One of the mysteries of the Cold War is why the Americans in Vietnam ignored the pioneering tactics earlier employed successfully by the British in securing victory against Communist aggression. The author has followed the pioneering tactics in relation to exploiting the potential of VTOL aircraft in counter-insurgency actions – Very Highly Recommended
NAME: The First Helicopter Boys, The Early Days Of Helicopter Operations: The Malayan Emergency 1947-1960 FILE: R2975 AUTHOR: David Taylor PUBLISHER: Pen and Sword, Air World BINDING: hard back PAGES: 315 PRICE: £25.00 GENRE: Non Fiction SUBJECT: WWII, World War II, World War 2, Second World War, Cold War, technology, VTOL, helicopters, rotary wing aircraft Cierva, British rotary wing development, US rotary wing development, Sikorski, S-55, Westland Whirlwind, counter-insurgency, Communist expansion, subversion, troop transport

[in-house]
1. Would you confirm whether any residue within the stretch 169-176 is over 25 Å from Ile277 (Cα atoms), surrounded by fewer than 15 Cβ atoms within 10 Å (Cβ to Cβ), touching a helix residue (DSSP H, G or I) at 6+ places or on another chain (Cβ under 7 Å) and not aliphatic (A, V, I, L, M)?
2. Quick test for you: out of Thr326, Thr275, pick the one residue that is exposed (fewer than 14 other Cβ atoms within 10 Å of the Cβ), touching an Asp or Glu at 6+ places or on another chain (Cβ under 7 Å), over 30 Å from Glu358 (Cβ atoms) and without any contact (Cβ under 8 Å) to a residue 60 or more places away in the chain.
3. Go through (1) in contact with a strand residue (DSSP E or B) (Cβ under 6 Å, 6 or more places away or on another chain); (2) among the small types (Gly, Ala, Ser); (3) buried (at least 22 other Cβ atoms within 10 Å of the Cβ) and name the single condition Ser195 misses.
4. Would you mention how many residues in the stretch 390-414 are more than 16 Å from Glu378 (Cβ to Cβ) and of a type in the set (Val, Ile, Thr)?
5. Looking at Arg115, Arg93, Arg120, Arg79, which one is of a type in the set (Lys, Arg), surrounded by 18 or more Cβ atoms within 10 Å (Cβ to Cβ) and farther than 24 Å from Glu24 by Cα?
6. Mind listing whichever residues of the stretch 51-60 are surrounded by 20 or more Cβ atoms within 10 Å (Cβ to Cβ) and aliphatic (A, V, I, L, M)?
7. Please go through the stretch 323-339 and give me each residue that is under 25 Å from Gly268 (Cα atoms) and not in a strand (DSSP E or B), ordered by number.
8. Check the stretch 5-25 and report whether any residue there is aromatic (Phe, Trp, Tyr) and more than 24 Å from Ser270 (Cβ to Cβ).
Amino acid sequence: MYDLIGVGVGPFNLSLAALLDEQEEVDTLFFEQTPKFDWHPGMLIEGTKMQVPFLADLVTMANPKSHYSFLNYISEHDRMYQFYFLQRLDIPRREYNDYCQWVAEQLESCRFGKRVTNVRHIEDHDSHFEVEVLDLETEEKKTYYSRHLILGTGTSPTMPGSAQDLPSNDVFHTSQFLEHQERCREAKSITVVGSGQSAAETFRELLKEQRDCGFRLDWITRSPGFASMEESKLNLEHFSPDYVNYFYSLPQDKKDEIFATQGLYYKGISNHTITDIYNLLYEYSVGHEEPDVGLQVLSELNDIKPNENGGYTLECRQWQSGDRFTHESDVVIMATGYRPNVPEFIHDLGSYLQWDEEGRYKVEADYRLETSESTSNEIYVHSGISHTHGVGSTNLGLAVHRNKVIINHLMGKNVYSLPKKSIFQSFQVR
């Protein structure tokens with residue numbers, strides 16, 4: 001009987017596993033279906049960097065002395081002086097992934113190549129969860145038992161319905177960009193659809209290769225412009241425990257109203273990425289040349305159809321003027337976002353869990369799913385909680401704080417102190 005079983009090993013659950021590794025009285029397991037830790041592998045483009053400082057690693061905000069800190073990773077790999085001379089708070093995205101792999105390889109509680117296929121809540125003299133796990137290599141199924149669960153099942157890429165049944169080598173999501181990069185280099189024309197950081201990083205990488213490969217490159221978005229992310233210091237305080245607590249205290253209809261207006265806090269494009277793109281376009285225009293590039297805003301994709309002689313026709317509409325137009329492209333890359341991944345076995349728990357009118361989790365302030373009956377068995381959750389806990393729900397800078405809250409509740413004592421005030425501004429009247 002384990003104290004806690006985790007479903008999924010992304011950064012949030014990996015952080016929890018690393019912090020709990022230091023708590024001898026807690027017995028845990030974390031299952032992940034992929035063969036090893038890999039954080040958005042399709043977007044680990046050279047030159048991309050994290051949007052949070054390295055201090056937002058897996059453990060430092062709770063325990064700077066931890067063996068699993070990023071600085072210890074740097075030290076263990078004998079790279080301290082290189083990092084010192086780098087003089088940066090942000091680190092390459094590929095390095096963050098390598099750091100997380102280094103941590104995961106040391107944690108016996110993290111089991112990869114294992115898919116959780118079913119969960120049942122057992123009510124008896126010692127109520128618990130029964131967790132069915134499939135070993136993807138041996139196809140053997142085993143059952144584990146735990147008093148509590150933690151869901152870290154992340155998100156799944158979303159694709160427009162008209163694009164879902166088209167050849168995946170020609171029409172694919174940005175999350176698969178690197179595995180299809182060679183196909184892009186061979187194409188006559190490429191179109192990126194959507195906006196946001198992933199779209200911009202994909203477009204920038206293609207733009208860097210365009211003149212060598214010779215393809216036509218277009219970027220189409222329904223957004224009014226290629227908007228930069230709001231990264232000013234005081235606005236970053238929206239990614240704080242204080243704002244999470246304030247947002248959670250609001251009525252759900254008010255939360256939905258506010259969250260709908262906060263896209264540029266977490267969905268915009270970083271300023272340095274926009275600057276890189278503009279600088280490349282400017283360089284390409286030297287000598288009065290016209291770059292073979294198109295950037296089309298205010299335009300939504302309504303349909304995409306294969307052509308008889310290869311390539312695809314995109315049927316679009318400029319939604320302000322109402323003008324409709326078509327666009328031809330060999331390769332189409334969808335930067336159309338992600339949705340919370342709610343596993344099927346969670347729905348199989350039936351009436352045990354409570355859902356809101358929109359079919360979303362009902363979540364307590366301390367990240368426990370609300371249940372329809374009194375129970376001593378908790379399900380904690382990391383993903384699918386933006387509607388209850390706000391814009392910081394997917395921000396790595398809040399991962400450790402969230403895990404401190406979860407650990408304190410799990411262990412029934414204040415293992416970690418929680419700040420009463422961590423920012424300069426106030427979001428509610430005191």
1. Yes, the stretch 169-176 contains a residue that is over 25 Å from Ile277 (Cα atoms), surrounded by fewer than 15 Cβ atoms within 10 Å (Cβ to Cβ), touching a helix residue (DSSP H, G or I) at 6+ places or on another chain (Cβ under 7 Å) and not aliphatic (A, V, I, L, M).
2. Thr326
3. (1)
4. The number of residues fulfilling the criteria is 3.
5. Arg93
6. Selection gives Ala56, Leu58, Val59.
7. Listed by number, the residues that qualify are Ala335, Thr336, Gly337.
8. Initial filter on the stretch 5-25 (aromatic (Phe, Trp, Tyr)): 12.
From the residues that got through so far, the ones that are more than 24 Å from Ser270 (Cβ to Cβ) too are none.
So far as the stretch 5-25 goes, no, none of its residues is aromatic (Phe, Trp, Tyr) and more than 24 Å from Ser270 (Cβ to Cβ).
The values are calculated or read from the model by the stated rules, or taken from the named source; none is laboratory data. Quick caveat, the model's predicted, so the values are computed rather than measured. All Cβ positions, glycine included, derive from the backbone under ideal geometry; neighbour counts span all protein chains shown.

IMAGE: B2975.jpg BUYNOW: tinyurl.com/y3bble8l LINKS: DESCRIPTION: One of the mysteries of the Cold War is why the Americans in Vietnam ignored the pioneering tactics earlier employed successfully by the British in securing victory against Communist aggression. The author has followed the pioneering tactics in relation to exploiting the potential of VTOL aircraft in counter-insurgency actions – Very Highly Recommended The British were already well on the road to developing viable rotary wing VTOL aircraft before WWII and made the first use of this technology at the start of WWII. The Spanish engineer Cierva had provided the RAF with autogyros before WWII and they had been also tested by Fleet Air Arm pilots for the Royal Navy. Sadly, Cierva's death in a airliner crash retarded the development work, he had already started, on true helicopters, while the pressures and priorities of WWII meant that work was conducted very slowly during WWII. The US however was free to forge ahead and Sikorski produced the first viable helicopters, leading to the R4 that was supplied to Britain and used under the name 'Hoverfly' experimentally during WWII, including the first recorded medivac of a wounded Chindit from behind Japanese lines. The differences between the autogyro and the helicopter are often misunderstood because of the dominance of the helicopter in rotary wing operations. The autogyro flies always in autorotation of it rotary wing. This rotation is produced by driving the aircraft forward with an engine turning a propeller, pusher of tractor, in much the same way a fixed wing aircraft. The autogyro therefore takes off and lands much as a STOL, Short Take Off & Landing, 'bush' aircraft with a very short take off run and a near vertical landing, using unprepared or prepared airfields. If the pilot points into a head wind and starts the rotation of the blades with a power take-off, the autogyro is able to achieve close to true vertical take off or 'jump start'. In contrast, the helicopter applies power to the rotary wing and is able to take off vertically and then achieve forward flight by tilting the rotor disc. Climbing is achieved by increasing the angle of attack of the blades and increasing power. With a single rotor, a helicopter is twisted by centrifugal force around the axis of the rotor and direction is controlled by powering a small tail rotor. If the engine fails, the pilot has to attempt to bring the aircraft into autorotation and, at this stage, it becomes an autogyro. The effectiveness of the helicopter made it rapidly the dominant rotary wing technology. However, the autogyro is inherently safer. In fact it can be claimed as the safest aircraft every built. Unlike fixed wing and helicopter machines, the autogyro is not dependent on the engine. It is the only aircraft that can take off safely without warming the engine up. Being always in autorotation it will float down to the ground like a sycamore seed from any height. A helicopter requires sufficient height, in the event of engine failure, to keep the rotor turning fast enough to enter autorotation. Engine failure below this height is likely to result in catastrophic impact with the ground. Equally, with a fixed wing aircraft, height is required to begin safe gliding. If power fails during take off or landing a catastrophic impact with the ground is likely because the aircraft will stall and become uncontrollable. What the British realized very quickly in Malaya was that they had to protect the population from Communist insurgents, identify the location of insurgents and deliver adequate numbers of troops to bring them to battle and defeat. It was seen that helicopters and ground attack aircraft were essential to achieving this and the S-55 helicopter was ideal for the troop transport. They were used to move small groups of British and Commonwealth troops around before the enemy could vanish. If troops were injured, they could be lifted out by helicopter and delivered to a hospital for rapid treatment. Supplies and ammunition could be delivered exactly where they were needed. The author has told the tale of these pioneering operations very effectively with good illustration in support of the text. There are anecdotes and first hand accounts that make this an important aviation history. As the Malayan Emergency continued, the first British helicopters, Bristol Sycamores, were introduced and served successfully alongside the US designed Sikorsky S-55. The tactics developed provided the lessons adopted during the Korean War. The mystery is that the US military ignored the lessons during the Vietnam war and lost expensively, even though they used huge fleets of helicopters.